The year of the sheep is coming up in February! Starting Feb 19, it’s the year for yarn-lovers of all kinds, and for those who honor the Chinese lunar calendar. One of my cousins on my Chinese side is expecting her first baby in March, and so I felt that this little girl needed something sheep-themed.
I used the basic formula I’ve done before for another cousin’s baby: the Placket-Neck Pullover from Last-Minute Knitted Gifts (the pdf is available free online here) with some charted colorwork. I actually sketched this little sheep while at lunch with Amy Herzog at TNNA; I wanted the sheep to have a “puffy” feeling to it. I marched them along the bottom edge (facing each other at the middle front and back to back in the middle back), and added a little contrast band underneath. Because of the legs and face, there was some juggling of 3 colors in a single row for a few rows, and I did normal Fair Isle for the legs, twisting the floats in the gaps, and then when I got to the heads I just cut the yarn and did each face as its own little patch of intarsia. Intarsia in the round normally wouldn’t work, but because the bottom row of the faces is just one stitch, I just pulled the yarn back behind to start the 3-stitch top of the head. A little bit of just “making it work” and it worked pretty well! Here’s the chart I used (using green for the sheep body because I didn’t want to color in the background!).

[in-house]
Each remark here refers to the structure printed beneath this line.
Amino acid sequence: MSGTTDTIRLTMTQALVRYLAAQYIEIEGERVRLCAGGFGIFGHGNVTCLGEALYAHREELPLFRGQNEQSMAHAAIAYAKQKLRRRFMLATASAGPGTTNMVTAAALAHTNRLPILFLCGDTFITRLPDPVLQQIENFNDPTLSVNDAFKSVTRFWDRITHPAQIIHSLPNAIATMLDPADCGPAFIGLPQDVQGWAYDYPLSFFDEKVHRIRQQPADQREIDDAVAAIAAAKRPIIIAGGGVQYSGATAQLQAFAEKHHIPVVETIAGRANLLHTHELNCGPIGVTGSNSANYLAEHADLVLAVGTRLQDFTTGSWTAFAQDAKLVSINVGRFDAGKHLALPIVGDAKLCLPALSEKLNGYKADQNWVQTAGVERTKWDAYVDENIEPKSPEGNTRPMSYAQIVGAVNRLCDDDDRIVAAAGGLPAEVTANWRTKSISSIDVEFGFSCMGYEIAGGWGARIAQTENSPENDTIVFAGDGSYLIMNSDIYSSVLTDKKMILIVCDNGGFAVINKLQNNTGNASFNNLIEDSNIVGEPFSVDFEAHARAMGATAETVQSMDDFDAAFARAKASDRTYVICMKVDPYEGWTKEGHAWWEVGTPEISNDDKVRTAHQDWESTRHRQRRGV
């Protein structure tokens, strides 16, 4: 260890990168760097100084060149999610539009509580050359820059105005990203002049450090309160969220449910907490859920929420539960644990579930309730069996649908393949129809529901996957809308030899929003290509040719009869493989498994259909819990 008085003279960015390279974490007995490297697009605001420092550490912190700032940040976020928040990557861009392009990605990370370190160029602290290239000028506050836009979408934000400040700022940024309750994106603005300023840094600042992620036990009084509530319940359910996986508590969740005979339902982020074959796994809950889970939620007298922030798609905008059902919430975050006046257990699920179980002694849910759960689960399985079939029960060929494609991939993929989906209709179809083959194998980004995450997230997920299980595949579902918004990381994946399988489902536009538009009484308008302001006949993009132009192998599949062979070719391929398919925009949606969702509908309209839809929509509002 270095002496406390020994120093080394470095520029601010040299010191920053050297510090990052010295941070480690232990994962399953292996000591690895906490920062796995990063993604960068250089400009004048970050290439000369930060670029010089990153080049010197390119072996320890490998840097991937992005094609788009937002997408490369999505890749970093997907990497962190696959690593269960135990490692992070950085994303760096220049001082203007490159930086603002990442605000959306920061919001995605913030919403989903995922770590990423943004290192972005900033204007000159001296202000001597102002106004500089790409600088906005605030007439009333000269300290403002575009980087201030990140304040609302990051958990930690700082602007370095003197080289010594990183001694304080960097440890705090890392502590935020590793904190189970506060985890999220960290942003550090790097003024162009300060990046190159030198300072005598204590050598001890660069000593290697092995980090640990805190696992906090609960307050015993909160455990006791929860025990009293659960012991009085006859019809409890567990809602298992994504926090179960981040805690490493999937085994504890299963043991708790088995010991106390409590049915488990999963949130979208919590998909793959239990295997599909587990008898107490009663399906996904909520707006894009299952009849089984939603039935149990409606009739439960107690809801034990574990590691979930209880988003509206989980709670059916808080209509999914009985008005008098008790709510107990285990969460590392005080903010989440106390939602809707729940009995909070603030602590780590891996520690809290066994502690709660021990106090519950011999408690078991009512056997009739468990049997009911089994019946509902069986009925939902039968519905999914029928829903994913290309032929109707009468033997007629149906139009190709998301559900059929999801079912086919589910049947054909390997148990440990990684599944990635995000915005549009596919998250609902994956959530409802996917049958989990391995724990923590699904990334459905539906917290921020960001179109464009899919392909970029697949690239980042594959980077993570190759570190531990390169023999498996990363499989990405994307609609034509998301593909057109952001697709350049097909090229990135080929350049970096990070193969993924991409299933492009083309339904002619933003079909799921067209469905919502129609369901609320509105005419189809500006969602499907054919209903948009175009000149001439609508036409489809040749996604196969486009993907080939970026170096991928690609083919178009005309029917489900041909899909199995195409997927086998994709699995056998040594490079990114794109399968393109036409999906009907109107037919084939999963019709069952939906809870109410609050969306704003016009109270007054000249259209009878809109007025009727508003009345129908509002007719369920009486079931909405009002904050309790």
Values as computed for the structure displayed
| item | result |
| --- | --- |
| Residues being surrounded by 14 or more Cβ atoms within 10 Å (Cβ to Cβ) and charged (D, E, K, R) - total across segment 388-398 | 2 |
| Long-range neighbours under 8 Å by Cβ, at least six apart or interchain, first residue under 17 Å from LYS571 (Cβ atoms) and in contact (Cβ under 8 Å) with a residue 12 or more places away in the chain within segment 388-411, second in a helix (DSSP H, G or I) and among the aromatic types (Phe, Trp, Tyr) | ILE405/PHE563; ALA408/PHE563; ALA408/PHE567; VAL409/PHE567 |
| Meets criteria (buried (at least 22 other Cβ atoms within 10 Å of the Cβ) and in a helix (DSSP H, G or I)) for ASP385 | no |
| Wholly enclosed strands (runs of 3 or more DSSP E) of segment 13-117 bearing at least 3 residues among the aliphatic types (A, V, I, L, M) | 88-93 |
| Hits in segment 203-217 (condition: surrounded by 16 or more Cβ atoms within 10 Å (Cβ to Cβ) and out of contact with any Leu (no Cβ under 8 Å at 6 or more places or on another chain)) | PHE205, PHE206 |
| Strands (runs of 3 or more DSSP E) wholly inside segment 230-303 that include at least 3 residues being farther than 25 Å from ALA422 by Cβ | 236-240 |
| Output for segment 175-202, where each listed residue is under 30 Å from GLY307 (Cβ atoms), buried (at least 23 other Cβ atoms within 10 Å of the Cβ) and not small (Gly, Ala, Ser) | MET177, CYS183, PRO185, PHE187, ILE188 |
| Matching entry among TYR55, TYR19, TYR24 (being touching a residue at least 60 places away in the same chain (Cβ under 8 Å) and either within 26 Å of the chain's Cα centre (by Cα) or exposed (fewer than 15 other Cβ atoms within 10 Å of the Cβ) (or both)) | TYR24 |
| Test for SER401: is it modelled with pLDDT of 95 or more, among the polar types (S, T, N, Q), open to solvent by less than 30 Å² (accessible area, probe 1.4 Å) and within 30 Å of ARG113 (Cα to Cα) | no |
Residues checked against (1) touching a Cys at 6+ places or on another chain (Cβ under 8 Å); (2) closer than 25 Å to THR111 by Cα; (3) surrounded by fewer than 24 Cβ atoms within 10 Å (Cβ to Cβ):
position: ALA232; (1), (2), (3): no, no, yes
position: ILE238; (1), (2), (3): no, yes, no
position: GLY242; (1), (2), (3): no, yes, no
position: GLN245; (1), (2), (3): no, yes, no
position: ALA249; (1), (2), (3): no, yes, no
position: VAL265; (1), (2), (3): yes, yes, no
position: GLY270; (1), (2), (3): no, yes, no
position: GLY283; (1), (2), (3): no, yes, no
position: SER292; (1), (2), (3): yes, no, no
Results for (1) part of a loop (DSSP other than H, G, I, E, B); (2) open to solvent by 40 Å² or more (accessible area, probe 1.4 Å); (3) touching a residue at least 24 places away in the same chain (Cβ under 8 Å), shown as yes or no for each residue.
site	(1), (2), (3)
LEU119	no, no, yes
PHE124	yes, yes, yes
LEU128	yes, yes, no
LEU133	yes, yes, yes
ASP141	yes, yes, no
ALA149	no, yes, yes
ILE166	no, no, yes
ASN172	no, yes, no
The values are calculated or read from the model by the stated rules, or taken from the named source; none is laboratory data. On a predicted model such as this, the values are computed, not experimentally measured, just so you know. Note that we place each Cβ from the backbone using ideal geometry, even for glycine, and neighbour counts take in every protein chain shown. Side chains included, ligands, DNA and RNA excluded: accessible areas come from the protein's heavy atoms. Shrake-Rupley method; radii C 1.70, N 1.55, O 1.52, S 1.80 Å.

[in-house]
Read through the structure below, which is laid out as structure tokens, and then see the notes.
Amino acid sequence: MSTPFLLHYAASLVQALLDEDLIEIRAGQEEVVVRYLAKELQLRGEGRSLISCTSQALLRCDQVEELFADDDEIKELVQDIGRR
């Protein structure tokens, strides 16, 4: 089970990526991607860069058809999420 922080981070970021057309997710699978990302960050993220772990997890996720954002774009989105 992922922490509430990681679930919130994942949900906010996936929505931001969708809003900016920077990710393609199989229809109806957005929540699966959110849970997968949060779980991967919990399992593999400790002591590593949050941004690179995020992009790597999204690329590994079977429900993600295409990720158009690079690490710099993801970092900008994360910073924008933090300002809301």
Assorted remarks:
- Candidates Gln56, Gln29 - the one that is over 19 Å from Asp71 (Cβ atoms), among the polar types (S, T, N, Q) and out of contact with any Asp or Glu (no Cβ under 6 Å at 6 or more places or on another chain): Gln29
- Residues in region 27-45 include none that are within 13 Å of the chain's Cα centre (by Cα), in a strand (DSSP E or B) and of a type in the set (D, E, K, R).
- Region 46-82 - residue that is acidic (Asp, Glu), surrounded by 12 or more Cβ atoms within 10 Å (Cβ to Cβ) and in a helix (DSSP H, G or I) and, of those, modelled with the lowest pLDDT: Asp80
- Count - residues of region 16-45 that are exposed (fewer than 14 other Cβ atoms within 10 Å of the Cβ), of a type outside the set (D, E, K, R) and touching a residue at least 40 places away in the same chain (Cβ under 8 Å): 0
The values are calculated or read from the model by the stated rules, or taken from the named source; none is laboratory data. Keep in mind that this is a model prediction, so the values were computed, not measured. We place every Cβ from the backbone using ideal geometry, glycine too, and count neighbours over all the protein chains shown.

I knit the six-month size, so hopefully she’ll be able to wear it in the fall, while it’s still the Year of the Sheep. The background yarn is Cascade 220, the sheep’s fluff is Manos (from my Stonecutter), and the legs and face are Universal Deluxe Worsted. I did a three-needle bind-off for the underarms and everything else was done according to pattern. Oh, and I added that sweet little flower to the front in Mrs Crosby’s Carpet Bag.
Do you want to knit something sheepy, too? I’ve marked several great patterns on Ravelry and I’m sure I’ll be making more during the year. Obviously you’ll see similarities to my color choices and those in Julia Farwell-Clay’s Welcome to the Flock. I can’t resist all those little stuffed toys too. How will you celebrate the year of the sheep?